EDGEWATER — Regan Lynch is in a league of her own.

She is the only girl on Edgewater’s major division baseball team, but she doesn’t mind.

“I don’t think any sport is just a boys’ sport,” the 11-year-old slugger said. “I think any sport can be boys and girls.”

It’s a fitting attitude for Edgewater’s new recreational baseball program, which returns Saturday from a five-year hiatus caused by the remediation and renovation of Veterans Field.

The program is re-launching with a special focus on girls, who have traditionally flocked to softball teams in other local baseball leagues and seldom mixed with the opposite sex beyond tee-ball.

“They haven’t really been given a chance to play baseball on the same level with the boys,” said Mark Capra, Edgewater Baseball president. “We created a baseball program where they can learn how to play right, have fun and not have a separation between the girls and boys.”

Some 35 girls have enrolled in the program’s tee-ball and minor league divisions this season but only Lynch has signed up in the oldest age group, which includes children in third to sixth grades.

The 5-foot-4 player stands taller than her teammates and has no trouble keeping up.

During a recent practice, she threw a baseball back and forth with a coach with ease, she rarely missed a hit in the batting cage and mingled with the boys.

“She’s definitely not intimidated by being the only girl on our team,” said A’Jahn Huggins, co-coach of Lynch’s team.

Lynch said years of playing on all-male basketball teams got her used to it. She jumped at the chance to add baseball to her roster of sports, which also includes softball and soccer, as soon as Edgewater Baseball offered the opportunity.

“I just wanted to try it out, I like to try new things,” she said. “In the beginning, I think it might be hard and stuff but I think I’m capable of doing anything.”

Lynch’s love for America’s pastime began at Yankee Stadium, where she frequently attended games with her father and found a role model in Derek Jeter. She took up tee-ball at about 5 years old, and when time came to advance to a more challenging game, she transitioned to girls’ softball.

“At the time, I never thought about it, I think it was just automatic,” Nicole Pagnozzi, Regan’s mother, said. “Boys and girls play together in tee-ball and next they jump automatically to a girls’ team and a boys’ team. I never thought she’d play baseball.”

Jennifer Ring, author of “Stolen Bases: Why American Girls Don’t Play Baseball,” said the sport severed along gender lines with the professionalization of baseball in the 1890s and has retained a “manly” patina ever since.

“It was associated with national identity and you couldn’t really have a respectable national sport that girls played, too, so they were just driven out,” she said.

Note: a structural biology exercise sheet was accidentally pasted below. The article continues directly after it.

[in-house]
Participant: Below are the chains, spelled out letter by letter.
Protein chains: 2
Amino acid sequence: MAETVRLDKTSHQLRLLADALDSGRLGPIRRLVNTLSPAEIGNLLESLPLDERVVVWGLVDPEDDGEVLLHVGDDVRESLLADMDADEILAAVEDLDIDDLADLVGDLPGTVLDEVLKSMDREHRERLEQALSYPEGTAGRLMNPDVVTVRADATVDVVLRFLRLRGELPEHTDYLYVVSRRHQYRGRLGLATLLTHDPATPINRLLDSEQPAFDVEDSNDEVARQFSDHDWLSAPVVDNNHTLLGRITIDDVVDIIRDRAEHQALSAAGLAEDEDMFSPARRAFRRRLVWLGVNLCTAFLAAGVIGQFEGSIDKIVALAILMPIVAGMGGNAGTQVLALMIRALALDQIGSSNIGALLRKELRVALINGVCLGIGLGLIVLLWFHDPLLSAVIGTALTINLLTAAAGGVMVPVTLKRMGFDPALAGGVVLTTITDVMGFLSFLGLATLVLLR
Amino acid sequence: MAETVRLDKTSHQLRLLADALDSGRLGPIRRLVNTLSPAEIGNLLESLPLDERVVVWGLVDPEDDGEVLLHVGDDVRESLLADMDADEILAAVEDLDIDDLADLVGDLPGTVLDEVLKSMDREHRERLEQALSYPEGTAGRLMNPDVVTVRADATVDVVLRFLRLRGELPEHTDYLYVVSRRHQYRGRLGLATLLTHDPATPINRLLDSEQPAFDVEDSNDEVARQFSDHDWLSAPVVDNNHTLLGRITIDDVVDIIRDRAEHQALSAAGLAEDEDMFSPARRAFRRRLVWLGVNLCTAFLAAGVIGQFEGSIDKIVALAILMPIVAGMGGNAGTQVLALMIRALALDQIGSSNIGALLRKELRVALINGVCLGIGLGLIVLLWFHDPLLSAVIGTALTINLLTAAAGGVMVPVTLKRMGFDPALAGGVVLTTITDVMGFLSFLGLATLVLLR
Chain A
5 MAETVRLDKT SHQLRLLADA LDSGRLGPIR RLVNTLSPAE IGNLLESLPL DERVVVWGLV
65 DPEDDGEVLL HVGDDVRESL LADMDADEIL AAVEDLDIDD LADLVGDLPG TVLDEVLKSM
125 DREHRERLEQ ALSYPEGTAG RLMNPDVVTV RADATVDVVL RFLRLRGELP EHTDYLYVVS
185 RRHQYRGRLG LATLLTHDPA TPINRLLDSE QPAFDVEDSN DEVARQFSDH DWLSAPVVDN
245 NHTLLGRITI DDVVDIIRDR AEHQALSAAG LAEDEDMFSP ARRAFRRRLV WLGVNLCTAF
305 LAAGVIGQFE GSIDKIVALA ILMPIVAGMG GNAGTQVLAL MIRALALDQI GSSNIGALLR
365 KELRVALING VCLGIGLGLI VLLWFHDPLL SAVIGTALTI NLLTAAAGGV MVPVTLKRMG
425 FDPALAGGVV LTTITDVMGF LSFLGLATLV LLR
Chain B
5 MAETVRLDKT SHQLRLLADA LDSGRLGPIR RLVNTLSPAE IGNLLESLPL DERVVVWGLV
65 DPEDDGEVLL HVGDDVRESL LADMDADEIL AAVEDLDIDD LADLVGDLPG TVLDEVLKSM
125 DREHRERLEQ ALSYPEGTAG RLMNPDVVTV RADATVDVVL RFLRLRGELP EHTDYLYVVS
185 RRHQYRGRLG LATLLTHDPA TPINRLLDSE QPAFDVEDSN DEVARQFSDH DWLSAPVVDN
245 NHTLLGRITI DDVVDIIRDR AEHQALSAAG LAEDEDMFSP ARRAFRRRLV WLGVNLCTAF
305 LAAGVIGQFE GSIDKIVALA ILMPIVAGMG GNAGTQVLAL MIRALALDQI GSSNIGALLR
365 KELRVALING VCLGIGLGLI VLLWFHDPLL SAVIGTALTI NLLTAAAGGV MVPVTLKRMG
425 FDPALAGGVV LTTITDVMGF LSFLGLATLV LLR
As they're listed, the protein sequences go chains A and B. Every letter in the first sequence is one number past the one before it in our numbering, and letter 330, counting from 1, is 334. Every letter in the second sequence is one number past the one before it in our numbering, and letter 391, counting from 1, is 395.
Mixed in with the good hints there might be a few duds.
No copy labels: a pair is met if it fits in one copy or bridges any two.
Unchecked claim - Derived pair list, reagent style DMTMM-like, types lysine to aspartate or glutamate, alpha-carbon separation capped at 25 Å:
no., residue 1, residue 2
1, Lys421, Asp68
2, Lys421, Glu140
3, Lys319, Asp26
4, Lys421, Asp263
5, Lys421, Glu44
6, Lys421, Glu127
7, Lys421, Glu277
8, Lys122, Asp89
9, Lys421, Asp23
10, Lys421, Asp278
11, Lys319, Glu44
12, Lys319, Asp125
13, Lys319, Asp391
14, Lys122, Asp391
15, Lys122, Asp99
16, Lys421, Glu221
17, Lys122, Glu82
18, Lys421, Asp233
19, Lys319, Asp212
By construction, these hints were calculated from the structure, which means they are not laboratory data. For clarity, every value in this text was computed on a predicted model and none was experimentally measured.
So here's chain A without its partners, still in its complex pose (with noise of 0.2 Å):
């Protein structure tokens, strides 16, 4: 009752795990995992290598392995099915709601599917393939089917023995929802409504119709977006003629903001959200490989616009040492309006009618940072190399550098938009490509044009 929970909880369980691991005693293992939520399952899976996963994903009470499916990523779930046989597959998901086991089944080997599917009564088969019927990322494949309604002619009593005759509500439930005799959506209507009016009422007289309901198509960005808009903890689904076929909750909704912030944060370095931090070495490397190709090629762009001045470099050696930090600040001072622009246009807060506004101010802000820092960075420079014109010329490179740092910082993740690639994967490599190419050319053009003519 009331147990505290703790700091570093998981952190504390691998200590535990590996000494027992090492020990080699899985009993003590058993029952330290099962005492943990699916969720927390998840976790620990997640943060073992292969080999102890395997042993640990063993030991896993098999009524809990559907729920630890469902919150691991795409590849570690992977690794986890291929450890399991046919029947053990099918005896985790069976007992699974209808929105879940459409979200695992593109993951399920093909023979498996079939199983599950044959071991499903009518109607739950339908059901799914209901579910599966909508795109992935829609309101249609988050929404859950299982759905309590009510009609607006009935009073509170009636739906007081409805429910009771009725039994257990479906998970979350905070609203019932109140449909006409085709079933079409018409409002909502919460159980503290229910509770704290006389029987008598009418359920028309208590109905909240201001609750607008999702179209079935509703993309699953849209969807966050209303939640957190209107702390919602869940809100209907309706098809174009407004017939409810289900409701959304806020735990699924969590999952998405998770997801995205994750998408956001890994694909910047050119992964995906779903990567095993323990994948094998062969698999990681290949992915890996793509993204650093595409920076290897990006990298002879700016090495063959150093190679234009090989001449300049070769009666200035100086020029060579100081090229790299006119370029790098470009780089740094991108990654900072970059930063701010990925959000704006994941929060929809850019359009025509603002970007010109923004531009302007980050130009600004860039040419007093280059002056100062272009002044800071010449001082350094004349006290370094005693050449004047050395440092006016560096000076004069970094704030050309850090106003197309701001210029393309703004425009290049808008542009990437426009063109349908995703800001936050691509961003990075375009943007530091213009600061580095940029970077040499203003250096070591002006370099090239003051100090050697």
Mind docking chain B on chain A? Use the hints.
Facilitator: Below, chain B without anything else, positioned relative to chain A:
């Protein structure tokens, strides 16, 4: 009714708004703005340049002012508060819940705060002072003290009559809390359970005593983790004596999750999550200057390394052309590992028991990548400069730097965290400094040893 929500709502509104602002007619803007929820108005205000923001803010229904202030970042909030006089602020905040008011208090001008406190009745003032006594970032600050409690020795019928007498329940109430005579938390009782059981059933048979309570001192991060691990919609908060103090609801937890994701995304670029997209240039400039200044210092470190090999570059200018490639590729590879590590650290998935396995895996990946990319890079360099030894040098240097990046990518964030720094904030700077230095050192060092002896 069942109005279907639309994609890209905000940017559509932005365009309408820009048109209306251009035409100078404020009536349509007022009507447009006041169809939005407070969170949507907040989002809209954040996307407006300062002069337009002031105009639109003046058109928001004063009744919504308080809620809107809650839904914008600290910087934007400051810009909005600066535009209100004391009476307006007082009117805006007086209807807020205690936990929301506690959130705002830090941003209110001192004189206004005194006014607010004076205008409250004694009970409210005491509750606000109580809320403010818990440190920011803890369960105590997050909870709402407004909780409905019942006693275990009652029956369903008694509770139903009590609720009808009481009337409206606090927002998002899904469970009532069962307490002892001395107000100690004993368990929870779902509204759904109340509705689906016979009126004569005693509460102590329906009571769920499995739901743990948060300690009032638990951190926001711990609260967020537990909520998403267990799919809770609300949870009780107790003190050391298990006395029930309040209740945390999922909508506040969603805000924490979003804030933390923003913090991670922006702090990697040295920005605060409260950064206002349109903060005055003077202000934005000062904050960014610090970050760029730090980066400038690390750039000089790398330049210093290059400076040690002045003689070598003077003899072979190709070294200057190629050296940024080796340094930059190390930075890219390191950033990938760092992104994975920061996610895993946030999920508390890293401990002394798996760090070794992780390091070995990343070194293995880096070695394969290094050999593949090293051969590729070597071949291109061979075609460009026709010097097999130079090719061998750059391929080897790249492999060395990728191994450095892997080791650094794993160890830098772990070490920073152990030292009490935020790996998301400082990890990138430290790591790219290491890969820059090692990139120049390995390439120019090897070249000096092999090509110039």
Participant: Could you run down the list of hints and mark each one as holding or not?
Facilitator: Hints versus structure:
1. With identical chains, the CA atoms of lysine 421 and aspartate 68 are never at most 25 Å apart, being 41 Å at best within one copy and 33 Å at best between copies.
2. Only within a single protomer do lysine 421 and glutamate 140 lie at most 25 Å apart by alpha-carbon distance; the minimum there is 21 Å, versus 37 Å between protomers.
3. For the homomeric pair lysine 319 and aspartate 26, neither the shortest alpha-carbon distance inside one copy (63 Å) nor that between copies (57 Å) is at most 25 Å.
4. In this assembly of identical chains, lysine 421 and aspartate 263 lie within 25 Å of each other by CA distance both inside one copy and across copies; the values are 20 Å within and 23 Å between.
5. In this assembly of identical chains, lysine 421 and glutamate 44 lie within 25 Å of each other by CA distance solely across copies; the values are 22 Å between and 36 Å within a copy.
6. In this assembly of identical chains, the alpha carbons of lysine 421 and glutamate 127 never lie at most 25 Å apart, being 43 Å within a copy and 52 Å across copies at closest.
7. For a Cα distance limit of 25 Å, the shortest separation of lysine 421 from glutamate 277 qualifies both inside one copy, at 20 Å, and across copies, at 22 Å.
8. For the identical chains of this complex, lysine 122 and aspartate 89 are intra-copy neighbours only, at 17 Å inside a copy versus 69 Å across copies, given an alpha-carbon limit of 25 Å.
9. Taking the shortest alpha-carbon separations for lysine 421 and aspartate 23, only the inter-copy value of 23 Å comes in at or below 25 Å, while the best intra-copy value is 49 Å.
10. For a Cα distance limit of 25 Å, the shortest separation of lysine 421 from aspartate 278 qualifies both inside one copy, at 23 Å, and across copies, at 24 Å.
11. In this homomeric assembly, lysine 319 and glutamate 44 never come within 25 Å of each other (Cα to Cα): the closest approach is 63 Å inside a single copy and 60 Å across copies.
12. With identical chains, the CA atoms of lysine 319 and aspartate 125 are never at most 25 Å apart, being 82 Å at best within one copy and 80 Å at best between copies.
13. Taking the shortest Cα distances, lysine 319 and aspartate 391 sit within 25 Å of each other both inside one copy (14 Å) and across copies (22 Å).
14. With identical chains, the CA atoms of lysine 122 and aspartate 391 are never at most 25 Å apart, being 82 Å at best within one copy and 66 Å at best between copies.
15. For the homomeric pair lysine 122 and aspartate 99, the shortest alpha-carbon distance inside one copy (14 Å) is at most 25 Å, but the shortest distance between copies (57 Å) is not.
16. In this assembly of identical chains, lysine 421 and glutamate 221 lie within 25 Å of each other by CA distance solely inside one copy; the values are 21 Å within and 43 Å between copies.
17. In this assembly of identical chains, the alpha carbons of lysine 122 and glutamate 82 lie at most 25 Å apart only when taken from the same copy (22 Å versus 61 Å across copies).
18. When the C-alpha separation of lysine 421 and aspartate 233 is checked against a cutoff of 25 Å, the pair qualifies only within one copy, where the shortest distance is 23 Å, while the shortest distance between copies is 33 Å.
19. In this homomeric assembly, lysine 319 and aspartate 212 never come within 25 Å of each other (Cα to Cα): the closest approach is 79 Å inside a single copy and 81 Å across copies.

Softball — or “sissy ball,” “nancy ball,” “kitten ball” and “panty waist” as it was derogatorily called — became the feminine version of baseball and is now the most common way for girls to advance in the sport.

Girls typically begin to feel social pressure to segregate about age 8 or 9, and hit baseball’s glass ceiling by 12, Ring said.

“That’s the point where girls are given the strong message that ‘you can’t handle the regulation-size diamond and if your parents have any sense, they’ll get you into the pipeline to get scholarships in softball,’” she said. “That’s a real crushing message to give to girls, and sooner or later they internalize it and they do drop out.”

Anna Maria Gualtieri, Edgewater Baseball board member, said the program is in a unique position to tackle that mentality as it rebuilds from the ground up and has made a concentrated effort this season to recruit girls.

“I feel strongly that girls shouldn’t be told that they should play one sport over another because of their gender,” she said. “I would encourage any parents with girls to give baseball a try, there’s nothing to be afraid of and there’s nothing to be lost. It really sends a priceless message to your daughter that she can do whatever she wants to do.”

Gualtieri’s 9-year-old daughter, Mara, has taken that advice to heart. She began playing tee-ball five years ago, transitioned into baseball in the first grade and has no intention of stopping.

“She didn’t like how big a softball was, the underhand pitching was unfamiliar to her so we encouraged her to stick with baseball because that’s what seems comfortable to her,” said Gualtieri. “I don’t think we’ll put her in softball anytime in the future.”

Lynch said she is treating her first year of baseball as a trial run and would consider continuing to play if she likes it. So far, she’s pleased with her ability to hold her own on the field.

“I’m pretty proud of myself. I don’t feel like the they are leaving me out in any way,” she said.  “They pass me the ball, they’ll hit with me. I don’t feel like they don’t want to play with me so I’m happy about that.”

Though Lynch is not the first girl to play baseball in Edgewater, the program hopes she serves as an inspiration for other girls to step up to the plate in both the minor league and the major league.

“I would love to see them come out but we can’t force them,” Jill Sullivan, the recreation department’s youth activity coordinator, said.

Lynch encouraged girls to approach the sport with an open mind and no fear.

“I just want them to come try it and not be scared,” she said. “It doesn’t matter if you’re the worst player on the team or the best player on the team, all that matters is that you’re having fun and you have good sportsmanship and a good attitude.”

Email: shkolnikova@northjersey.com